Improve the performance of AArch64 OpenJDK port intrinsics for operations with lots of load/store operations, such as String and Array intrinsics.
- Compare to and match the performance of other architectures for optimized operations.
- Tune generic AArch64 port intrinsics for optimal performance on a single AArch64 architecture implementation only
- Port intrinsics to ARM CPU code branch
Specialized CPU architecture-specific code patterns improve the performance of user applications and benchmarks.
Intrinsics are used to leverage CPU architecture-specific assembly code which gets executed instead of generic Java code for a given method to improve performance. While most of the intrinsics are already implemented in AArch64 OpenJDK port, the current implementation of some intrinsics may not be optimal. Specifically, some intrinsics for AArch64 architectures may benefit from software prefetching instructions, memory address alignment, instructions placement for multi-piplining CPUs, replacement of certain instruction patterns with faster ones or using SIMD instructions.
This includes (but is not limited to) such typical operations as String::compareTo, String::indexOf, StringCoding::hasNegatives, Arrays::equals, StringUTF16::compress, StringLatin1::inflate and checksum calculations.
Depending on the intrinsic algorithm, most common intrinsic use case, and CPU specifics the following changes may be considered:
- Use the ARM NEON instruction set. Such code (if any will be created) will be placed under a flag (like UseSIMDForMemoryOps flag) in case the existing algorithm has non-NEON version.
- Use prefetch hint instruction (PRFM). The effect of this instruction depends on various factors like presence of a CPU hardware prefetcher and its capabilities, cpu/memory clock ratio, memory controller specifics and particular algorithm needs.
- Reorder instructions and reduce data dependencies to allow out-of-order execution where possible.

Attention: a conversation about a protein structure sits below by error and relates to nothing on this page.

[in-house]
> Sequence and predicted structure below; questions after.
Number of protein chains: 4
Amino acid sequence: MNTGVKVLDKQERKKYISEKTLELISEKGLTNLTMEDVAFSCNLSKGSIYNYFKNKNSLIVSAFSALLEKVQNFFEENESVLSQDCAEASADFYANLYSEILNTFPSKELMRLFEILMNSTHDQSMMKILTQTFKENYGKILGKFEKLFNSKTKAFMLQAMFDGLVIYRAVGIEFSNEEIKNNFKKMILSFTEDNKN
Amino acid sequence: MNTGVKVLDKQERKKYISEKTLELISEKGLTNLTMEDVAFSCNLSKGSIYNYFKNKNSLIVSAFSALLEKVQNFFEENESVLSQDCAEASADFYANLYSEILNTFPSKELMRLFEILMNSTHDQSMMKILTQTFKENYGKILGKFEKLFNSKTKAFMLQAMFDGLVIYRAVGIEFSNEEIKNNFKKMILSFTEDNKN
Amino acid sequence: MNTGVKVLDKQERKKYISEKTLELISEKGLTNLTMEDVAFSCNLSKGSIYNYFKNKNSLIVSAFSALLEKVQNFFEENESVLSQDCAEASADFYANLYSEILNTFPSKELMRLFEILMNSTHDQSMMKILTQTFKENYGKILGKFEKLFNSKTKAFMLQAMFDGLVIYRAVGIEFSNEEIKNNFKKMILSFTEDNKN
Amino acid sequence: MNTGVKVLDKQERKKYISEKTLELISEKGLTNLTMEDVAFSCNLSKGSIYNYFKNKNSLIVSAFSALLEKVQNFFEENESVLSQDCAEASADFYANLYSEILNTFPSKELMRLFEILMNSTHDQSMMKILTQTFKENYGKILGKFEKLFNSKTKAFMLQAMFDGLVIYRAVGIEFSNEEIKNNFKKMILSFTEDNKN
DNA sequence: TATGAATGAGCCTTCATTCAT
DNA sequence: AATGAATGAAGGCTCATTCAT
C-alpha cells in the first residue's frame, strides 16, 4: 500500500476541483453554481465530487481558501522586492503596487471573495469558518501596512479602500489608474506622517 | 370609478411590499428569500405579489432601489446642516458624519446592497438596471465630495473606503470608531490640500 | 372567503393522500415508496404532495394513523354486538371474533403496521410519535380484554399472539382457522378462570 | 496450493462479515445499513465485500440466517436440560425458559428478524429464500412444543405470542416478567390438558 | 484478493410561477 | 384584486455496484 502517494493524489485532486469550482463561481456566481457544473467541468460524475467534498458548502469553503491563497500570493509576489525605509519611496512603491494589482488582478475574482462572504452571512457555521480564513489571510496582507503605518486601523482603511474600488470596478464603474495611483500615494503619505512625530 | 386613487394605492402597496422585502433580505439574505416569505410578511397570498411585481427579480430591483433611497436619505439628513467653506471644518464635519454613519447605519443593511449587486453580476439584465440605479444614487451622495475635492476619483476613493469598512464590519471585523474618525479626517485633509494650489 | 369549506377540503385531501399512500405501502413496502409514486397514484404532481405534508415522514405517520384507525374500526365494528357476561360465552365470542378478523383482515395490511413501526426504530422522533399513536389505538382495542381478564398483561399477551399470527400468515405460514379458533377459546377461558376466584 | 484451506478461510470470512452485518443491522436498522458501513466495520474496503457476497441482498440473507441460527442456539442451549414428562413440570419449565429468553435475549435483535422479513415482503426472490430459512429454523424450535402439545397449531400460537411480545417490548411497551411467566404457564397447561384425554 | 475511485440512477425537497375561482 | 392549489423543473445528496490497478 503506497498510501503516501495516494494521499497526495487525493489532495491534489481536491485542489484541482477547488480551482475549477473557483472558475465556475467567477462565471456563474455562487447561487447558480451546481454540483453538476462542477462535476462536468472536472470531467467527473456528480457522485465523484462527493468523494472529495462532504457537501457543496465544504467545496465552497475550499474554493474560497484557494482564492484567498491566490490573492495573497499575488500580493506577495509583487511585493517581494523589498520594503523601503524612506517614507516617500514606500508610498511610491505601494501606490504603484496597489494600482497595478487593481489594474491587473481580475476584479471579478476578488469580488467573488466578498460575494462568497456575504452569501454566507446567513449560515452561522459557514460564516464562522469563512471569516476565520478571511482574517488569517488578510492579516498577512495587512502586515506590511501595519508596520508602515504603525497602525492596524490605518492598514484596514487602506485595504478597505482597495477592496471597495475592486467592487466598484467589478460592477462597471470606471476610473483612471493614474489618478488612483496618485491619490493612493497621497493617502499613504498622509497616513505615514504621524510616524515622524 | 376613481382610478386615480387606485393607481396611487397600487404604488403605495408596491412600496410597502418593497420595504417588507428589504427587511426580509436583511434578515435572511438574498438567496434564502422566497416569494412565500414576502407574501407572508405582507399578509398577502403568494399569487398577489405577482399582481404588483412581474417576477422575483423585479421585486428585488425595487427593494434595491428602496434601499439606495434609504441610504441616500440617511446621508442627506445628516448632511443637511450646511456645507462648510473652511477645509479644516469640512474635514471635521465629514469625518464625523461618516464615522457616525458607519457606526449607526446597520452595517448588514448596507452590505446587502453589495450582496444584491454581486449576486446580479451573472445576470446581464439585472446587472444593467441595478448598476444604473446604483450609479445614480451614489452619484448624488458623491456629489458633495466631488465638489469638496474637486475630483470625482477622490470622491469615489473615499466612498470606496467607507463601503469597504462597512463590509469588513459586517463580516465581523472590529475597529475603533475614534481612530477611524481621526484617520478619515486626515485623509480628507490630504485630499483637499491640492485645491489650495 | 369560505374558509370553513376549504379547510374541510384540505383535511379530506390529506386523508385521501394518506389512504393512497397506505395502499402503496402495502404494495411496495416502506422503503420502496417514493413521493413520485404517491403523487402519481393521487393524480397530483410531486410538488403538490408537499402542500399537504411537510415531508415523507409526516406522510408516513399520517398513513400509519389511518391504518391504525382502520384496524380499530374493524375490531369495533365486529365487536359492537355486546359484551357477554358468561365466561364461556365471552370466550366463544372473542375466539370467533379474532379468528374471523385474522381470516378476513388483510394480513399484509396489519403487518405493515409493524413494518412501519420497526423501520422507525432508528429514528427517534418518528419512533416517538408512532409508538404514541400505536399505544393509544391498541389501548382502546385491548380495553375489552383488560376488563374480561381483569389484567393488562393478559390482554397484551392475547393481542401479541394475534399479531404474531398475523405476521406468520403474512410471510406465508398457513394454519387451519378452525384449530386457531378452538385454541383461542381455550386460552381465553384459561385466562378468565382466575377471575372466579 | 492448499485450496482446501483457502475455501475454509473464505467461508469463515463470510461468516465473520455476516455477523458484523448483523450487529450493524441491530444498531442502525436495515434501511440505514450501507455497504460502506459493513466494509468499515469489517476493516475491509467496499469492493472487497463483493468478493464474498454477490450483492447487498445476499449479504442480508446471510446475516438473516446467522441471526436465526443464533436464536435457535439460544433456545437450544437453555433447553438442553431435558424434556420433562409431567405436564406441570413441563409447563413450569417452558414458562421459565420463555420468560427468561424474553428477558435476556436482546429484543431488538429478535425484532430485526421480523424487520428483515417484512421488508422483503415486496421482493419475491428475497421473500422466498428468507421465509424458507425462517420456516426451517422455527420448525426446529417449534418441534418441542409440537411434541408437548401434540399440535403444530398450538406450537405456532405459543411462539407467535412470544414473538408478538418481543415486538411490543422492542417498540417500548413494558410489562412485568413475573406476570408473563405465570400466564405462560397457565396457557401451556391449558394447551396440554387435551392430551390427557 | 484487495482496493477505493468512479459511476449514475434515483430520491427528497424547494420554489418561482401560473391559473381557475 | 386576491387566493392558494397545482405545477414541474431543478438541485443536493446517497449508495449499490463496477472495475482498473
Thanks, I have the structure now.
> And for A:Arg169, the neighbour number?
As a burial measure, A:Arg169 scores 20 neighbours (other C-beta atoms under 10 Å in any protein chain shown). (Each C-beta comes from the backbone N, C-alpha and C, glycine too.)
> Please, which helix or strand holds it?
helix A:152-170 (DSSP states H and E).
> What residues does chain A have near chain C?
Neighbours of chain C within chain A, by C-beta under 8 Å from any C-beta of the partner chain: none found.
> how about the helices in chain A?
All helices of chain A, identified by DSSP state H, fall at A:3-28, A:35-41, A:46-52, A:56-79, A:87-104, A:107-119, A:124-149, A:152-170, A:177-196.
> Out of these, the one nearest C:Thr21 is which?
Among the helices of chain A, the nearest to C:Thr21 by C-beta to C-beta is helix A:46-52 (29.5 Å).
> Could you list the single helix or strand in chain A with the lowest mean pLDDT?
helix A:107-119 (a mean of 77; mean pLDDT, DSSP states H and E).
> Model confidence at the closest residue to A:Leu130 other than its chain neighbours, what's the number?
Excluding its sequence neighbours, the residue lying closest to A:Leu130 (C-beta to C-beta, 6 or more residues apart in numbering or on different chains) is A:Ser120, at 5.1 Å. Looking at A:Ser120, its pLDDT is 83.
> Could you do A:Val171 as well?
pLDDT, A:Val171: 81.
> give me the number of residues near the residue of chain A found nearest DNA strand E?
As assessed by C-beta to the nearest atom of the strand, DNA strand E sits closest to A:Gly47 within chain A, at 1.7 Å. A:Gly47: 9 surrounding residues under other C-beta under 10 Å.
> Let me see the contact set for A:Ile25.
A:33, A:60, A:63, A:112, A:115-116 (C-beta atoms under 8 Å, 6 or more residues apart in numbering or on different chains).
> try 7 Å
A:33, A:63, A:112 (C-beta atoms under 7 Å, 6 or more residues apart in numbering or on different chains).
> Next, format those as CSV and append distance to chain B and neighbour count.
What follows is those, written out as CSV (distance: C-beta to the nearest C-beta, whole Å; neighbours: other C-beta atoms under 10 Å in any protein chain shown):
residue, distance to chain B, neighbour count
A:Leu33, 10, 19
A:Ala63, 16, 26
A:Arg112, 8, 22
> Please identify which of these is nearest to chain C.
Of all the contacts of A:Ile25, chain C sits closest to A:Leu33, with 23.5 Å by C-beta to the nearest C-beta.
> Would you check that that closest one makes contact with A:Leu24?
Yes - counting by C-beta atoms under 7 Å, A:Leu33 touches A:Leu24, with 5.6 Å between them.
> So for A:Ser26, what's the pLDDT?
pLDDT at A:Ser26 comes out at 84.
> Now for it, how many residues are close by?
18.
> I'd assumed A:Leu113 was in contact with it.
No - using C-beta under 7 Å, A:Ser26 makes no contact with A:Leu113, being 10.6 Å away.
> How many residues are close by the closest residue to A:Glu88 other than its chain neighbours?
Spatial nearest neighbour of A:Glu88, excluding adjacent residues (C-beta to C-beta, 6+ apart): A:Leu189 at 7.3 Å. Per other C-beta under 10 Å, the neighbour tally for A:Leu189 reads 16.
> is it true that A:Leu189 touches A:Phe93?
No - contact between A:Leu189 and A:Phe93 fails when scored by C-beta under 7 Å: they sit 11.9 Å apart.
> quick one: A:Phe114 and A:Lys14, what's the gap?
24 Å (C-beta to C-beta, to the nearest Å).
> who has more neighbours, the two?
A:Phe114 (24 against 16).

- Avoid unaligned memory access if needed. Some CPU implementations have penalties issuing load/store across 16-byte boundary, dcache_line boundary or have different optimal alignment for different load/store instructions (see, for example, Cortex A53 guide). If the aligned versions of intrinsics do not slow down code execution on alignment-independent CPUs, it may be beneficial to improve address alignment to help those CPUs that do have some penalties, provided it does not significantly increase code complexity.
- Revised intrinsics performance will be tested on Cortex A53 and Cavium ThunderX hardware using JMH benchmarks and SPECjvm2005 where applicable.
- Functional correctness will be tested using jtreg test suite. Additional tests might be created in case the existing testbase doesn't provide sufficient coverage.
Risks and Assumptions
- It is not possible to perform testing and measurements on all AArch64 hardware variants. We will rely on OpenJDK community to perform testing on hardware from vendors we currently do not have in-house should they find it necessary when patches are submitted for review.
- Efforts will be made to improve the performance of a generic AArch64 port intrinsic implementation. In cases where this is not possible, specialized versions of intrinsics for a given hardware vendor may need to be written.
- Intrinsics which are in scope of the JEP are CPU architecture-specific and changing them does not affect shared HotSpot code.